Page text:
Around the same time that I was first diagnosed with ADD, my older brother Domenic was supposed to graduate Savio Prep in neighboring East Boston, or Eastie to locals. He attended Savio from the year of 1995 to 1999. The same year he was accepted to Savio, I was placed in Special ED. As though he escapes the Revere Public School System, and I was exiled from Regular ED, in the Revere Public School System at the same time. One day when my mother was home and not working as a Substitute Teacher in Revere, she received a phone call from the Vice Principle of Savio. He said that Dominic had just took up a seat at Savio for the past four years, and there was a chance that he might not graduate. Between my recent and most unexpected diagnosis, and this sudden and most anxiety provoking news about my older brother not graduating, my mother was frightened. This also happened at the same time that my family was having the first-floor bathroom rebuilt. 1999 was a very anxious year for my family. And an extremely bleak year for myself.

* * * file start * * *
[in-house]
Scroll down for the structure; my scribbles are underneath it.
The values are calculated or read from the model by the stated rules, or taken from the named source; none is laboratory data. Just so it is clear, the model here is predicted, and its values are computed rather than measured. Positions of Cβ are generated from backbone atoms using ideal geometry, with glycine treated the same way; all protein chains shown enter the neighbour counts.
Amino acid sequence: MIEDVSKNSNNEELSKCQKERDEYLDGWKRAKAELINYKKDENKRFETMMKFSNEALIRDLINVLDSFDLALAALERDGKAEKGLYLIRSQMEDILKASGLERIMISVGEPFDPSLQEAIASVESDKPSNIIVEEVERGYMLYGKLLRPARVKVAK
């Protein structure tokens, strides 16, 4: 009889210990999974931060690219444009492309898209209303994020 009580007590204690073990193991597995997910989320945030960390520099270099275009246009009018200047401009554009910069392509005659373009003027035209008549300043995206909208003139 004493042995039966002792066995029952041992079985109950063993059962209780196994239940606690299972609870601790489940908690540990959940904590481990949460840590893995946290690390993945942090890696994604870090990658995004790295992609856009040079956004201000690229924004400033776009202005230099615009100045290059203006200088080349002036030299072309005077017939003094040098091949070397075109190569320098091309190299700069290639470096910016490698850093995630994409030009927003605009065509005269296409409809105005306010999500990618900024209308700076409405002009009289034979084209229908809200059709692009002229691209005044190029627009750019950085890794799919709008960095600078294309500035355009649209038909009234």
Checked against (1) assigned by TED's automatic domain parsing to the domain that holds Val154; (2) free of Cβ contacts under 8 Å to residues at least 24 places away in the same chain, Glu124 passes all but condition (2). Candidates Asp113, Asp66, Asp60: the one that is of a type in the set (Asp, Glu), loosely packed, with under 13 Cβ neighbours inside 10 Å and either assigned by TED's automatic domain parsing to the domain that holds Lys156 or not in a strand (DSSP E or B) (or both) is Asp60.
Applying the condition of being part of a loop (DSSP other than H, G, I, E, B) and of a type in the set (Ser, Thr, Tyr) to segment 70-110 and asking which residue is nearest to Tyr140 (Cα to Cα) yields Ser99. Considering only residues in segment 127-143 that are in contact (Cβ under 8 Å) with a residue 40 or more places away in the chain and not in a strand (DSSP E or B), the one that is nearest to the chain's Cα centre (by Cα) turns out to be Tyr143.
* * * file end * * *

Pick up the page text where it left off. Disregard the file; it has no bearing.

When I look at the year 1999, I see the year that I changed in such a negative way, so drastically. By the end of that year, I was showing the same signs of a shell-shocked Vietnam War veteran from the 1960’s or 70’s. It was just one negative after the other. The hardest part was knowing that at one time I was, “normal”. And I do not use that word too loosely. But I played and laughed. I loved my birthday, I loved Christmas. By the year 1999 that had become a bygone era. And I just wanted it back, and I felt as though that coming down with mental illness at age 11, I was cheated the last two years of my childhood, to play, joke, and laugh as a, “normal child”. But it was because of the public-school system I went to that stole those two years away from me. It was as though that they tore me down, and never bothered to build I back up.